A few days ago, I posted a blog on the history and techniques of sperm banking. But what happens to the children born from this method? No studies currently examine the mental health of sperm banked offspring who were raised by their biological fathers. Instead, studies look at children who are products of both sperm banking and sperm donation. Only two reports follow these children into adulthood. And, of course, they contradict each other.
One study, in the journal Pediatrics, performed a longitudinal study on the psychological health of children born from sperm donation. The authors, Nanette Gartrell and Henny Bos, stated that these children exhibited better mental health than the general population through age 17. Interestingly, the lesbian mothers, who were older than parents in the comparison group, raised all the children in this study and achieved pregnancy intentionally. These two differences may explain why sperm donor children performed better on psychological tests than the general population.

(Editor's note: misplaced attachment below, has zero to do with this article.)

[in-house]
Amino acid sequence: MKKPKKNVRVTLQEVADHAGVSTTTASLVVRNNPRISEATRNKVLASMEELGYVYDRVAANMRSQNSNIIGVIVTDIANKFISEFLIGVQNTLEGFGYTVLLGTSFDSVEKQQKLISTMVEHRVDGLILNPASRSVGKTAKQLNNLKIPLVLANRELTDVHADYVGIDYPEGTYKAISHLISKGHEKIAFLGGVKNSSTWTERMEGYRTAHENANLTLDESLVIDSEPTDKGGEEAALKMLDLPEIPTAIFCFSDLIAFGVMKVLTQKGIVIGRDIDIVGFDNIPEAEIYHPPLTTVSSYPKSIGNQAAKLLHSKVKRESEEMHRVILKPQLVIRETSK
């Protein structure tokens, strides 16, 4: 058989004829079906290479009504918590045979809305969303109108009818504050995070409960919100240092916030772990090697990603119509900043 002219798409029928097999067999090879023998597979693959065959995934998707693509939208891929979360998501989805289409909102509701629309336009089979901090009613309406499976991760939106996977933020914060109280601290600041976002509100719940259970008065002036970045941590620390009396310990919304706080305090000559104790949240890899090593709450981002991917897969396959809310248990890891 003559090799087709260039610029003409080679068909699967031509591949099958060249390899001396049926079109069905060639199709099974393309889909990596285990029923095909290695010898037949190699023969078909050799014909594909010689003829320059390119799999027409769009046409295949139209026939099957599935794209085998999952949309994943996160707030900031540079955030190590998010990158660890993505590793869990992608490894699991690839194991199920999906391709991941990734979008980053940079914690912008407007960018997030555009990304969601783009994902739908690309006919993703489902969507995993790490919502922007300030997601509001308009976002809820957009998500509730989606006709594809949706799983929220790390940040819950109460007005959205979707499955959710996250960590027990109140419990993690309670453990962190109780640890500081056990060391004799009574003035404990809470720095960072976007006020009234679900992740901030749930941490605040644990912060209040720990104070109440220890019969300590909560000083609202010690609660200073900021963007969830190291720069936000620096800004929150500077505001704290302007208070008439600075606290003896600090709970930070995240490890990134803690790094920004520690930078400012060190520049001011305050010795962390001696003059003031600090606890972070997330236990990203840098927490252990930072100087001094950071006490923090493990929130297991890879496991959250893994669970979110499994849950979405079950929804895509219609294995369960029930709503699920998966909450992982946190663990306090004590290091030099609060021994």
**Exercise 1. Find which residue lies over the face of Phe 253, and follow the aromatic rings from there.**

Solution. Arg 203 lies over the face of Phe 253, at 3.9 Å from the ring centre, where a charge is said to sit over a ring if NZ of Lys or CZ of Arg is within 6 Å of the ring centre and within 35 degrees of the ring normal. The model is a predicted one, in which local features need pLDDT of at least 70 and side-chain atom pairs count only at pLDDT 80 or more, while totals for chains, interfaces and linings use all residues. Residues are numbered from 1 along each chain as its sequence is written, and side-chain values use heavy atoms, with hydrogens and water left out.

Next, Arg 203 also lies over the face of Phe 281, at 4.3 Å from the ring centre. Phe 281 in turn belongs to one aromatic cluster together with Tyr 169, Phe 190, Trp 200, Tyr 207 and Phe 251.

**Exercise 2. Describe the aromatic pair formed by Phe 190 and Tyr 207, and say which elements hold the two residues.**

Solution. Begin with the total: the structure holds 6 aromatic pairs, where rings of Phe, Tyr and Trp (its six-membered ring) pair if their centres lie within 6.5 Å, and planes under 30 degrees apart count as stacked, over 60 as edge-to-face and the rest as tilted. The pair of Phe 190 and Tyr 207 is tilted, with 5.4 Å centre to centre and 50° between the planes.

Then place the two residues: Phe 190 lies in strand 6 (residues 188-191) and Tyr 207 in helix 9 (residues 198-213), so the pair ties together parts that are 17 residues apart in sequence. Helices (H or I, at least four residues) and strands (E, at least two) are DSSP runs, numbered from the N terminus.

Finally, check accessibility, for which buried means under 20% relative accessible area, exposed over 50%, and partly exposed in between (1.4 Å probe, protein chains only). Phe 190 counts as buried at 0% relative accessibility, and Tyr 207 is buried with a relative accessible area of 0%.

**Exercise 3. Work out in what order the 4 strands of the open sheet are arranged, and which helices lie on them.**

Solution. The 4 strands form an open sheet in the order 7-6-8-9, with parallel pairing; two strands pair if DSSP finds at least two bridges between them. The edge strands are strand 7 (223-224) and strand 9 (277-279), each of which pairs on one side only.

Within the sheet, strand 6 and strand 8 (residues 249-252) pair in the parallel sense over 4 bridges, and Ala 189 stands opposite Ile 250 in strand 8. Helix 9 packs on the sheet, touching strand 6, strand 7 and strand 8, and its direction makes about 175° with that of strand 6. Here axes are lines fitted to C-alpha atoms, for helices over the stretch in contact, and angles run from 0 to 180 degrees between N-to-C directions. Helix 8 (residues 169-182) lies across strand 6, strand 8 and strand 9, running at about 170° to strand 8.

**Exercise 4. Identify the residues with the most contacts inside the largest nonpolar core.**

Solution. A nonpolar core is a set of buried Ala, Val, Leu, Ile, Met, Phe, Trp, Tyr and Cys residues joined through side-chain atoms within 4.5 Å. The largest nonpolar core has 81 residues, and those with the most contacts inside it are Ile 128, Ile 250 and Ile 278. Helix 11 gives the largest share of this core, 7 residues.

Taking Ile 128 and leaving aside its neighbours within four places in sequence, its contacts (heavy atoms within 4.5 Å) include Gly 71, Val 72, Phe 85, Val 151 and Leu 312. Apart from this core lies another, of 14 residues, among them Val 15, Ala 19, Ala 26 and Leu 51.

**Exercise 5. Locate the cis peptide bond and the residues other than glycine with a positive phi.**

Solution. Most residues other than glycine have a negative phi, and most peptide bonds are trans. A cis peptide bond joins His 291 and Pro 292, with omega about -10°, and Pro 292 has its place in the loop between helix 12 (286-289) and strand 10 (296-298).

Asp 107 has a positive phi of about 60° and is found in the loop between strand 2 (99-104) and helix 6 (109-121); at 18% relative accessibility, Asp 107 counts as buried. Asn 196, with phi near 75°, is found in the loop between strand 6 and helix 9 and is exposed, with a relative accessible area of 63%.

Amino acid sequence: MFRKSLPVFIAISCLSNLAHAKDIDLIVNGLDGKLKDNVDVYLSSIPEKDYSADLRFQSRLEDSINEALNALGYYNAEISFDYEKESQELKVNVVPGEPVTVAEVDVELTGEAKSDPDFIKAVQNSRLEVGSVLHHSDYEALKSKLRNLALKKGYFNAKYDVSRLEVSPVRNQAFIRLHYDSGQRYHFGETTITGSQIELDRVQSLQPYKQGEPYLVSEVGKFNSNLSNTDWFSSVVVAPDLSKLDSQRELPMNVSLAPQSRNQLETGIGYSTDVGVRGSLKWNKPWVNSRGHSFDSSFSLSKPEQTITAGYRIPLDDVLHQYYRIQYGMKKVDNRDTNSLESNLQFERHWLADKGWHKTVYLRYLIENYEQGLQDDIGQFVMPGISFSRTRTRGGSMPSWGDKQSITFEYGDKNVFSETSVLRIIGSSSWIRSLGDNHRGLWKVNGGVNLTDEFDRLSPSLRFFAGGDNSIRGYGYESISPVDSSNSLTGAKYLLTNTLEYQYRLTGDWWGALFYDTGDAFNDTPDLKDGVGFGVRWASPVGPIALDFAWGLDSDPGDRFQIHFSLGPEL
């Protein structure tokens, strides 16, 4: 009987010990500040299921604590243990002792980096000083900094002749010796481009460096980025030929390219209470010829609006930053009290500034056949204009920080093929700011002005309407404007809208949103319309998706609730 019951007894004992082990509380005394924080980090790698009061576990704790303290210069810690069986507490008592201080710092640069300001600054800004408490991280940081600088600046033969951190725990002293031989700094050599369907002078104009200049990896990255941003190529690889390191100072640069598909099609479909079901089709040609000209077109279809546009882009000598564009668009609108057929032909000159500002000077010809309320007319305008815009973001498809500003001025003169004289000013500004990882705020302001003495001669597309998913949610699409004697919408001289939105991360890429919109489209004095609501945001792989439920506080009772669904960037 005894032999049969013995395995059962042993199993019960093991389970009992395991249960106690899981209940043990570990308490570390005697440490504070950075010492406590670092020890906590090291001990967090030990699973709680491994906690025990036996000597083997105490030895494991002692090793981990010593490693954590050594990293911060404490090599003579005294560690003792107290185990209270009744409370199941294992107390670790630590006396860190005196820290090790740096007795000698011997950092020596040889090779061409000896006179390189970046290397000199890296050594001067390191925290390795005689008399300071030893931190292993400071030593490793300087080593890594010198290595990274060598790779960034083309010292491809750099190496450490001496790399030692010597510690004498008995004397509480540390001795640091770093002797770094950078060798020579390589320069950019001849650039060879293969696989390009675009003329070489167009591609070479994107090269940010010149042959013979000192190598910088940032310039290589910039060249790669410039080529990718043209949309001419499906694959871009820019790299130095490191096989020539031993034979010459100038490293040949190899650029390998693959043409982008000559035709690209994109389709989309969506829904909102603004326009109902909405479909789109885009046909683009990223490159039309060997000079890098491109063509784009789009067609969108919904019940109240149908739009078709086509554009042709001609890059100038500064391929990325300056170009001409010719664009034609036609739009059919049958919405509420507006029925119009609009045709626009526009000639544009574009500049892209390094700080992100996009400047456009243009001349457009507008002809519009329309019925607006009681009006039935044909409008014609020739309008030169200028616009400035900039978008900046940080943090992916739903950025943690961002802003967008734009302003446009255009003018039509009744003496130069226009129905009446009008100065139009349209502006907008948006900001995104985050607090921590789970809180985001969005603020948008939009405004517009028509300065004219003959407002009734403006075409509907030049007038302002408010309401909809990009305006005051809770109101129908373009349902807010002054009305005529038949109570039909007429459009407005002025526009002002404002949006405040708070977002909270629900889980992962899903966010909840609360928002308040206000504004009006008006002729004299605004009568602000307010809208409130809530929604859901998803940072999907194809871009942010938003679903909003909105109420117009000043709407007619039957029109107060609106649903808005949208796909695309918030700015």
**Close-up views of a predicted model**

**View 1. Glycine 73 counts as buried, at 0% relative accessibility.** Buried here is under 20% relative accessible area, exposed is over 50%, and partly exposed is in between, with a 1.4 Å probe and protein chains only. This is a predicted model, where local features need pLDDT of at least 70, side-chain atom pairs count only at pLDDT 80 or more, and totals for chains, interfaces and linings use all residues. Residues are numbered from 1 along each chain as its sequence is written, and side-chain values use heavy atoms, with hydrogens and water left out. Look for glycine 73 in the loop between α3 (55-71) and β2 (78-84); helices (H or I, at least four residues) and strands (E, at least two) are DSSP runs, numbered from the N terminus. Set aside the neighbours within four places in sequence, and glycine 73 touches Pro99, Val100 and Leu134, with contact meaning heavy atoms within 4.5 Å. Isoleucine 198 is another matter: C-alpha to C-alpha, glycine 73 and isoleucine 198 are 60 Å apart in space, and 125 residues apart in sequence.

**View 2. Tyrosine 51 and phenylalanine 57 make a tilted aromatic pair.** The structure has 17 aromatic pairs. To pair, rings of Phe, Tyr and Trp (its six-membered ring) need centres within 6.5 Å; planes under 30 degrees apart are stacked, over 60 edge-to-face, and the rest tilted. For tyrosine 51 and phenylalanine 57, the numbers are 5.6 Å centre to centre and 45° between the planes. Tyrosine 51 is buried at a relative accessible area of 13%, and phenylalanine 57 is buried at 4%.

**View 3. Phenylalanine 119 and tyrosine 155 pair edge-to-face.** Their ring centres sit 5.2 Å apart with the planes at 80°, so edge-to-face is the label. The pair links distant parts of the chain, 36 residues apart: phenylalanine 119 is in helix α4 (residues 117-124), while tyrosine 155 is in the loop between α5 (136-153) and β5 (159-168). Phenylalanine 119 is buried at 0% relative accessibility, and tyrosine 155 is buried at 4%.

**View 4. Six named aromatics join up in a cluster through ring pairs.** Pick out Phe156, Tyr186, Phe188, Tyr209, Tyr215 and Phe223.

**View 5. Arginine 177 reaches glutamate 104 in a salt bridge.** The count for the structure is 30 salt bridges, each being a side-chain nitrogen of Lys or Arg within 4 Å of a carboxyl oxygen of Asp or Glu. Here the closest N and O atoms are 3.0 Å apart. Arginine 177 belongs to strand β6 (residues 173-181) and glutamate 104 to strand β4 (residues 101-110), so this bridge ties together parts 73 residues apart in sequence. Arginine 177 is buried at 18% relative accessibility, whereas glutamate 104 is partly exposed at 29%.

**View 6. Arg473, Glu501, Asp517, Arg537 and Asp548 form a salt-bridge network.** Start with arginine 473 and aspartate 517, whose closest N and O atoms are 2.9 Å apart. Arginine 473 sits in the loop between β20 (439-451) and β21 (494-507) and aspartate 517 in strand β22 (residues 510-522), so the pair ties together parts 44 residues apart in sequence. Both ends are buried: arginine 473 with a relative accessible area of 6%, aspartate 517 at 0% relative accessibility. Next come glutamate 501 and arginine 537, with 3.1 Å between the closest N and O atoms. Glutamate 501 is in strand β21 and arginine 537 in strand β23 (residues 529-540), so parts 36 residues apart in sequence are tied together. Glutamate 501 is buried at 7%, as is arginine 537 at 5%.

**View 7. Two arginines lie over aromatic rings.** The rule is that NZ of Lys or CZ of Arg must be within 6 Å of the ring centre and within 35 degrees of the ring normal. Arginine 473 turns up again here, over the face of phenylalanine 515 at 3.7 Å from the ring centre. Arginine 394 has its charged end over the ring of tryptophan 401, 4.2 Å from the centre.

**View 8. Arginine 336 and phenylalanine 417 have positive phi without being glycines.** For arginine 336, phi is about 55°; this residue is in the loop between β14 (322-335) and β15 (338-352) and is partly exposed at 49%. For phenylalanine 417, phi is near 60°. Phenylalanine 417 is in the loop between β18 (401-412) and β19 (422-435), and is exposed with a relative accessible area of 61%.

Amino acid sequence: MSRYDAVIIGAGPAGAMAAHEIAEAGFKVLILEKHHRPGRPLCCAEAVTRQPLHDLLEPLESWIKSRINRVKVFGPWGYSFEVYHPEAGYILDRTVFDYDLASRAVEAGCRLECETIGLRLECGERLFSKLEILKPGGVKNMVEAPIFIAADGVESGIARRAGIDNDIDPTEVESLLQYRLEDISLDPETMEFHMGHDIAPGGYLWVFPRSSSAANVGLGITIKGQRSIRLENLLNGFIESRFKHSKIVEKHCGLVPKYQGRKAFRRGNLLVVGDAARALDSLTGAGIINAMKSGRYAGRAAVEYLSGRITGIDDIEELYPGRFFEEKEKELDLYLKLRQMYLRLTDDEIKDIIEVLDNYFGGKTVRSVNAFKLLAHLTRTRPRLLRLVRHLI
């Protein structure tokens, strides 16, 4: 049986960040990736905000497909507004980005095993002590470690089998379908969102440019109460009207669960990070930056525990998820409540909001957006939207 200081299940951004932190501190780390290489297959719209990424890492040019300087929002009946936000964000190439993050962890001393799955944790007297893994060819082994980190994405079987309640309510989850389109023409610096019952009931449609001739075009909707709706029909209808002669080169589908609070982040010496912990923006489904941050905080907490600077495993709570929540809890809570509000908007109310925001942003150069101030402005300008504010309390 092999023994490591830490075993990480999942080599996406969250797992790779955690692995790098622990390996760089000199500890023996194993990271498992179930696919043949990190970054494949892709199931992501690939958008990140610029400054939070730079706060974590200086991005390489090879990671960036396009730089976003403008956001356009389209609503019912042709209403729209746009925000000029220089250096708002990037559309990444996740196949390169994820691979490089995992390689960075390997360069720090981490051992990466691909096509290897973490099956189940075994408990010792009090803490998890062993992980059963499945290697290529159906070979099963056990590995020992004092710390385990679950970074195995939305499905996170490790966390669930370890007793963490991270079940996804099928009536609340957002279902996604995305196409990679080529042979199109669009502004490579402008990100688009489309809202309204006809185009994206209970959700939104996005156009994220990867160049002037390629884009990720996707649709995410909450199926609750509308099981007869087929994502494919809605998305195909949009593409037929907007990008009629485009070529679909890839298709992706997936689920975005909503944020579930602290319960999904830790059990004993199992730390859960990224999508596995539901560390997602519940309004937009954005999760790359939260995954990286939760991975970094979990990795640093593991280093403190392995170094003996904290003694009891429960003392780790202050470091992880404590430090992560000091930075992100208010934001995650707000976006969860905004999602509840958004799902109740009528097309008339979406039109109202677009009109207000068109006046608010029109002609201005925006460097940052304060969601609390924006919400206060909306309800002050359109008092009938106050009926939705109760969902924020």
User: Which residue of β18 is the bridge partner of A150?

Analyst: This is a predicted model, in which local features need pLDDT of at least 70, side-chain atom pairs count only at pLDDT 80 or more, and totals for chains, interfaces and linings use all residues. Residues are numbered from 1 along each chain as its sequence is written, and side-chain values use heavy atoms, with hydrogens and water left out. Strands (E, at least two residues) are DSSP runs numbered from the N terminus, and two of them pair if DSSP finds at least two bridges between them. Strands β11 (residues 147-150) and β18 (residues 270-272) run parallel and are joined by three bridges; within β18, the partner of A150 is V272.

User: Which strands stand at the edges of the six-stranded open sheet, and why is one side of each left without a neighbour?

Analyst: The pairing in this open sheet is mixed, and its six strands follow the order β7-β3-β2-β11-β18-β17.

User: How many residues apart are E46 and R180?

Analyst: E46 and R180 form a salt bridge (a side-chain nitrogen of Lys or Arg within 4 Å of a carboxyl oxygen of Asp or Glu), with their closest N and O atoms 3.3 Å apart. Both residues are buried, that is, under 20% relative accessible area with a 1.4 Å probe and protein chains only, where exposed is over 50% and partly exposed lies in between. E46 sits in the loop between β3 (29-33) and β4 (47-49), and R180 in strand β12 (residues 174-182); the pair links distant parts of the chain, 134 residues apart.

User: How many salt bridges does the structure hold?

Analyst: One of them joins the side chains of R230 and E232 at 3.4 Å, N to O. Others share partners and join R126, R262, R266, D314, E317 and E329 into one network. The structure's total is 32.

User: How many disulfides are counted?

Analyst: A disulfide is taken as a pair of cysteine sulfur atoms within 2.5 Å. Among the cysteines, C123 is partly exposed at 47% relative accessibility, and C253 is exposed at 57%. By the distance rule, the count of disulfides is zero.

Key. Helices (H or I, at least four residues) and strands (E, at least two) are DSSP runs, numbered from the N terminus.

A report released by the Institute for American Values arrives at the different conclusion that adults born from sperm donation are at risk for mental health issues. Such individuals still make up a minority of the children surveyed. When asked,” Have you ever been prescribed medication for depression or other mental health problems,” 31% of sperm donor-conceived adults and 28% of adults raised by biological parents said “Yes.” In fact, 20% of sperm donor offspring had donated their own gametes or served as a surrogate. This report was not published in a journal and should be read with caution because qualified experts did not review it.
These studies raise some interesting questions but it is important to highlight the lack of studies investigating psychological issues, if any, of sperm donor offspring reared by biological fathers. This population was low in the past. With the increase in preventative sperm banking prior to medical treatments, it is an important subject to be addressed in the future.